A “Peculiar Institution”: The Second Bank of the United States and the Old South’s Modernizing Economy, 1820–40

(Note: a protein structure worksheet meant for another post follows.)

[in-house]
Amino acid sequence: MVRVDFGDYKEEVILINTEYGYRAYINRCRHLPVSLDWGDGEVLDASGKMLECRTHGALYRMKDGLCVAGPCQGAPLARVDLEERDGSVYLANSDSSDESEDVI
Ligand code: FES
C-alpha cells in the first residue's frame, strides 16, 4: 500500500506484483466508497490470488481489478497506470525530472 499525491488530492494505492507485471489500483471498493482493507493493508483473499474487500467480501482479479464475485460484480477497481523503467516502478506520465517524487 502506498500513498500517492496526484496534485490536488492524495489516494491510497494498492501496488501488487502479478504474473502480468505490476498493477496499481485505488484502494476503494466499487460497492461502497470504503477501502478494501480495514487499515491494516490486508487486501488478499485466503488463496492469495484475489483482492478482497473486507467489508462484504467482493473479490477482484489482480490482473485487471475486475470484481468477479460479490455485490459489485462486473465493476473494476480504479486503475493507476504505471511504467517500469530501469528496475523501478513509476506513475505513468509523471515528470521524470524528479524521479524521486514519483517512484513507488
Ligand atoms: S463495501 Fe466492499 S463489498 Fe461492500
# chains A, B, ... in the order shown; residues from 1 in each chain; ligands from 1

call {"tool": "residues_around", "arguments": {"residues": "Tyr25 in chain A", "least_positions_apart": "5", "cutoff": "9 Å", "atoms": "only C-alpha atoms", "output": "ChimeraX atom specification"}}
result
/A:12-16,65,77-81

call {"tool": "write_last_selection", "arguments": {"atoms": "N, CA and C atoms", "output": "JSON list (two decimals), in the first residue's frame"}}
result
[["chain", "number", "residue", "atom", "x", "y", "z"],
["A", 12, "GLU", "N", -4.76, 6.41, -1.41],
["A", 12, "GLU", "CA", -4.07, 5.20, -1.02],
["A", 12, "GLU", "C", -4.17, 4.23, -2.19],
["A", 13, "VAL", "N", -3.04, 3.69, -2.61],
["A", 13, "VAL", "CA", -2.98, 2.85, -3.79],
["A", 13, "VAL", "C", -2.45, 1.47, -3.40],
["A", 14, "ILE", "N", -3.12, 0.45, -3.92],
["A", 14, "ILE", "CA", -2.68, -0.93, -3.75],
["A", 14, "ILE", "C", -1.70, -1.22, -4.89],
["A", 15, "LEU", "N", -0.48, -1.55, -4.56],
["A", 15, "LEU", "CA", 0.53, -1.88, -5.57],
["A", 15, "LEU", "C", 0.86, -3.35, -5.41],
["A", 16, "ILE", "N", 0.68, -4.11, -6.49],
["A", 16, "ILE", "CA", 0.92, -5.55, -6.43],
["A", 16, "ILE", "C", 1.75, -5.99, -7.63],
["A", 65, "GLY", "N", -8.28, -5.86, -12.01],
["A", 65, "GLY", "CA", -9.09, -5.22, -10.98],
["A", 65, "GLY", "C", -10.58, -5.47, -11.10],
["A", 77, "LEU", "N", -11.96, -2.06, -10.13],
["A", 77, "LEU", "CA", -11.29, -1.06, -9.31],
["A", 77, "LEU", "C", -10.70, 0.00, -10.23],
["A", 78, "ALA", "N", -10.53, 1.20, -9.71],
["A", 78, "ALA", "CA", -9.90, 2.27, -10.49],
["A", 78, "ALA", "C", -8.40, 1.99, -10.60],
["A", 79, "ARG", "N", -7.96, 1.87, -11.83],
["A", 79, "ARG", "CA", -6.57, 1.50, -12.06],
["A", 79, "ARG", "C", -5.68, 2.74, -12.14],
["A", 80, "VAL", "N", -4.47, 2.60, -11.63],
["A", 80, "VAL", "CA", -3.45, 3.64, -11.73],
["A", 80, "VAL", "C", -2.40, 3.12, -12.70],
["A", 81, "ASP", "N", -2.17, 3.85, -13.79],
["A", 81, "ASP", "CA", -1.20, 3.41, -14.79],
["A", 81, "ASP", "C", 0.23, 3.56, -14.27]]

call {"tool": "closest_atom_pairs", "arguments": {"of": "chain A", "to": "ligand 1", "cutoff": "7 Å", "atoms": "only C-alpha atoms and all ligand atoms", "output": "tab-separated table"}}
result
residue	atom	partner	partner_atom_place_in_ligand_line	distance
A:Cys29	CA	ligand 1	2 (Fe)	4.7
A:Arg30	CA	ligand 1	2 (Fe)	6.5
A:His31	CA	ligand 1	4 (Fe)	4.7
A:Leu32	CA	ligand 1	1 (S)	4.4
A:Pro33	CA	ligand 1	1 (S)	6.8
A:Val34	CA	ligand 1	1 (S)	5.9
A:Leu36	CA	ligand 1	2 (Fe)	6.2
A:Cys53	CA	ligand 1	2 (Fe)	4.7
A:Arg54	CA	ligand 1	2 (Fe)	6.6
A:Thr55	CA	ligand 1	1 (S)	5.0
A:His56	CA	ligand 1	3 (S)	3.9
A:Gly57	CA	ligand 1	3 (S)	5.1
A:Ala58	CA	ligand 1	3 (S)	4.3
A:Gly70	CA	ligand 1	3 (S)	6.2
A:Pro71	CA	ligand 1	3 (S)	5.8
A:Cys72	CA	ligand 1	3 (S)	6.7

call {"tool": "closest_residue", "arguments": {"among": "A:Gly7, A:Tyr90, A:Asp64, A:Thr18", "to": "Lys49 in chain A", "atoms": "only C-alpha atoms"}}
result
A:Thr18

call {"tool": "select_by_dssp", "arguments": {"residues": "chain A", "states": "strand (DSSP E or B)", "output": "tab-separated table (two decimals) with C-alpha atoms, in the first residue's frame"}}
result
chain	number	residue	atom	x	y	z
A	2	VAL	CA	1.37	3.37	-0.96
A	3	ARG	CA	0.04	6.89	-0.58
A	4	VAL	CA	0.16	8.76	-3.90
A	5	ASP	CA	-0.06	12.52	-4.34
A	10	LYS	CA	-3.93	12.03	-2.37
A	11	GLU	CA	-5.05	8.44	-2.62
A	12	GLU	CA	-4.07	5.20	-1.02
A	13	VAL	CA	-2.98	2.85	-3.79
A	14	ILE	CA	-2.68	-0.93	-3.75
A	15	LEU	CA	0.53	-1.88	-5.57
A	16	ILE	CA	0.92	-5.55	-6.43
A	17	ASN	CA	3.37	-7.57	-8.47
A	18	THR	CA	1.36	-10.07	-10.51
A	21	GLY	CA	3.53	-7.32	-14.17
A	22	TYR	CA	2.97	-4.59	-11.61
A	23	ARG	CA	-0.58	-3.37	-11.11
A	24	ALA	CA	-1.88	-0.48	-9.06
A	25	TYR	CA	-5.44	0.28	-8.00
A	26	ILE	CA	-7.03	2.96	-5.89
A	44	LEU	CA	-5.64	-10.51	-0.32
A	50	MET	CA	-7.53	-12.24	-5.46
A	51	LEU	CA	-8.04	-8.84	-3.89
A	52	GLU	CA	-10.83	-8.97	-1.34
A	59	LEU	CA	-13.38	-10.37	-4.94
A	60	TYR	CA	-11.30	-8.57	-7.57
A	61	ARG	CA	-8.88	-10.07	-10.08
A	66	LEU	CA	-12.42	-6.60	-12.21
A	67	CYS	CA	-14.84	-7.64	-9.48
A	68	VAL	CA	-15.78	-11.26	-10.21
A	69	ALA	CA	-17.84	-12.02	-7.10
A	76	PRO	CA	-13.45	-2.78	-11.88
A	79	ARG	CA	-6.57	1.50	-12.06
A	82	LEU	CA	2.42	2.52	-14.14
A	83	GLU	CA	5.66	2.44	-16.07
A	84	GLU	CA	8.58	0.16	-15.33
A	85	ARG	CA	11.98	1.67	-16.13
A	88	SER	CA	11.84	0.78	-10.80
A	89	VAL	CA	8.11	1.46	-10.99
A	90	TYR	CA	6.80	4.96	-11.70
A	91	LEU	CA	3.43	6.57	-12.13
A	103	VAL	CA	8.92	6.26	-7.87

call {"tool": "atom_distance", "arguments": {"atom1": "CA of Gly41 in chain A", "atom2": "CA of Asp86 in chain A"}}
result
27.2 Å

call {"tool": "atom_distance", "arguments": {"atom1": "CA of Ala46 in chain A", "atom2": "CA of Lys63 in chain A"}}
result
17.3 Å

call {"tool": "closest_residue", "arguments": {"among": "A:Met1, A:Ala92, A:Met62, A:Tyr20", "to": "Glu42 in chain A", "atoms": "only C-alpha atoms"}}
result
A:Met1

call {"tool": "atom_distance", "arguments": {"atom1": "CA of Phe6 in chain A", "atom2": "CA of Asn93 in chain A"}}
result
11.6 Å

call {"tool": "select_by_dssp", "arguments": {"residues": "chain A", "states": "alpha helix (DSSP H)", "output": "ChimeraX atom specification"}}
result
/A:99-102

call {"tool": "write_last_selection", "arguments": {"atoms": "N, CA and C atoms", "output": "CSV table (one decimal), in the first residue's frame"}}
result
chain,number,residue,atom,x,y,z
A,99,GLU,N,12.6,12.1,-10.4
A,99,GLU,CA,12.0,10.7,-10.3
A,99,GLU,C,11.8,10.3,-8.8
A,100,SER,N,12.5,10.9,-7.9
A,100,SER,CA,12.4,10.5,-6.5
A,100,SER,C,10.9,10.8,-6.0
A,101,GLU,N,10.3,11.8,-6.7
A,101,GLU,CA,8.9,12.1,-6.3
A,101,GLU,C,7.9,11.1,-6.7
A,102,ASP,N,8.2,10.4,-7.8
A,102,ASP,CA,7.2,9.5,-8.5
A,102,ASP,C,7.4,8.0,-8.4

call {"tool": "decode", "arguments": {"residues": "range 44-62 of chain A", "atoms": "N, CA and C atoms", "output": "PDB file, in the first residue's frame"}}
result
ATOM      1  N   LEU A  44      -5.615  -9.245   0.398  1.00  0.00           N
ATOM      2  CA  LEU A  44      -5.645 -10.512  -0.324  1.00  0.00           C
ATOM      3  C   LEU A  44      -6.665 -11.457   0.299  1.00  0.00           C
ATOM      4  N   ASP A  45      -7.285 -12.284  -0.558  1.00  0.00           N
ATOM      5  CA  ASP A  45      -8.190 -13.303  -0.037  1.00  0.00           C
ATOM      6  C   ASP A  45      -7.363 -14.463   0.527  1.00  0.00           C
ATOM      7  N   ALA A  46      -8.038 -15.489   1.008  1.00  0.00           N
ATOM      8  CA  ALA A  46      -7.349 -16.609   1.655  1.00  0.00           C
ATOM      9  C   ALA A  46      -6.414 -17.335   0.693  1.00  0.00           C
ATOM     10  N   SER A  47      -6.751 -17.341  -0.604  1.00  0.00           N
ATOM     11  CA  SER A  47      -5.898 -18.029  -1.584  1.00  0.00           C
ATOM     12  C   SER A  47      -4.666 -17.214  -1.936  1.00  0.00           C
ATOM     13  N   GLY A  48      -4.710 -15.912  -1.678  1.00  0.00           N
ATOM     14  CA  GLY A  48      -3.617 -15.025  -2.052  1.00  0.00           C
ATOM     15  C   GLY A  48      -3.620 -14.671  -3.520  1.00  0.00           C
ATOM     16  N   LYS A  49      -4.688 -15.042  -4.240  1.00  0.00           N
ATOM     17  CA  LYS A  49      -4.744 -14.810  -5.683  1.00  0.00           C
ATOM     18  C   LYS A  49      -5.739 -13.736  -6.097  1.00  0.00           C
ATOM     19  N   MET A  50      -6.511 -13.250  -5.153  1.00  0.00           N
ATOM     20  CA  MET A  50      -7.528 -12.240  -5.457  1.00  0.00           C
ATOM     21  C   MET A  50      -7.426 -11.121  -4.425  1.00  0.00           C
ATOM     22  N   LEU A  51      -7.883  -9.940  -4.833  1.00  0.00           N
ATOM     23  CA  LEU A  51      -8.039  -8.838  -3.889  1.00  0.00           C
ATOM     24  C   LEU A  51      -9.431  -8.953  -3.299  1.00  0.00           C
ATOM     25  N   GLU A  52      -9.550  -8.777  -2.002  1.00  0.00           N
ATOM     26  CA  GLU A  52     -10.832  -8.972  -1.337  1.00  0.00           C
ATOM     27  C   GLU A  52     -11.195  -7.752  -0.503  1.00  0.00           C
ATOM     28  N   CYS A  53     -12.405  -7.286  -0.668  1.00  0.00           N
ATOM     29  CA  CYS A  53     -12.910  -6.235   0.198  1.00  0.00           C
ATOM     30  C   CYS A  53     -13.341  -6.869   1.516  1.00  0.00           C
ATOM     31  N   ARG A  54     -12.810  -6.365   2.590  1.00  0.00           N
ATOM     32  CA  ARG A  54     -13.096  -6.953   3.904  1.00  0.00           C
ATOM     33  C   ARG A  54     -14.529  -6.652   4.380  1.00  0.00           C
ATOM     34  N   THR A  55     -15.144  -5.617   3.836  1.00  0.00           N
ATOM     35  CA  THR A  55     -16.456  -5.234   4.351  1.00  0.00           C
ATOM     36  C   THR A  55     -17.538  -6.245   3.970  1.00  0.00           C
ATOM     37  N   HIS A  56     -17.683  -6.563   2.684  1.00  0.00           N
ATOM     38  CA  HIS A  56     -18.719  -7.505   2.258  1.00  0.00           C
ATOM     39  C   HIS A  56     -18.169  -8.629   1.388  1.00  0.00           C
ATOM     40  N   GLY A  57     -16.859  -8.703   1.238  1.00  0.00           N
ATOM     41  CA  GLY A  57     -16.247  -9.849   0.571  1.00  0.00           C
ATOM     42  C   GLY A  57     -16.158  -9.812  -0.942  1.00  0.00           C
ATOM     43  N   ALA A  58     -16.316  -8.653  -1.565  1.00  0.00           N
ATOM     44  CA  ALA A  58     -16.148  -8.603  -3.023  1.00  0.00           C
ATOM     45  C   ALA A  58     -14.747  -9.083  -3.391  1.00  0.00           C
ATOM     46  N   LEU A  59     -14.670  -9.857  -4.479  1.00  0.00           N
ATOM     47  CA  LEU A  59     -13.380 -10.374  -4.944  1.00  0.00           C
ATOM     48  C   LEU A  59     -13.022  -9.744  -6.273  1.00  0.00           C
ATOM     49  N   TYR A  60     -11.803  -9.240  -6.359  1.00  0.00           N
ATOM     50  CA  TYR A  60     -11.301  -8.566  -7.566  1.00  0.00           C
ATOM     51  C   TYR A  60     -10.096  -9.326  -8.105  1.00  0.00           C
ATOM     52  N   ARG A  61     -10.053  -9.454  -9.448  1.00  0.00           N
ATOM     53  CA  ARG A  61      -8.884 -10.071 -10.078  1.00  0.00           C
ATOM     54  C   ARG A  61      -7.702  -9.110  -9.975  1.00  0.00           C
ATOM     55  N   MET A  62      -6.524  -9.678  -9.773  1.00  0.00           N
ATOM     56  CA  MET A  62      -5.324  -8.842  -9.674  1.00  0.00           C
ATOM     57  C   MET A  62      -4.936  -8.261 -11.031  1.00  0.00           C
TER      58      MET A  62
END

For evidence, this paper relies on several manuscript collections, newspapers, treasury department documents, census records, and congressional debates. Particularly relevant are the letters of exchange broker Thomas Biddle, cousin of the Bank president. Biddle’s firm, Thomas Biddle & Company, invested in AJ Alexander, a Kentucky hemp grower, and engineered the sale of territorial bonds that secured a Florida property bank whose underlying capital rested on planters’ mortgages, slave-grown crops, and slave property. Reinforcing recent works by Ed Baptist and Sven Beckert, “A Peculiar Institution” locates the BUS as a dominant financial intermediary in the antebellum South – one that equalized exchange rates, facilitated long-distance trade, extended credit to commercial actors, and supported slavery in direct and indirect ways. Beyond functioning as a perennial piñata for Jacksonian Democrats, the Second Bank should be understood as a key institution promoting modernity and capitalism in the South’s slave economy.
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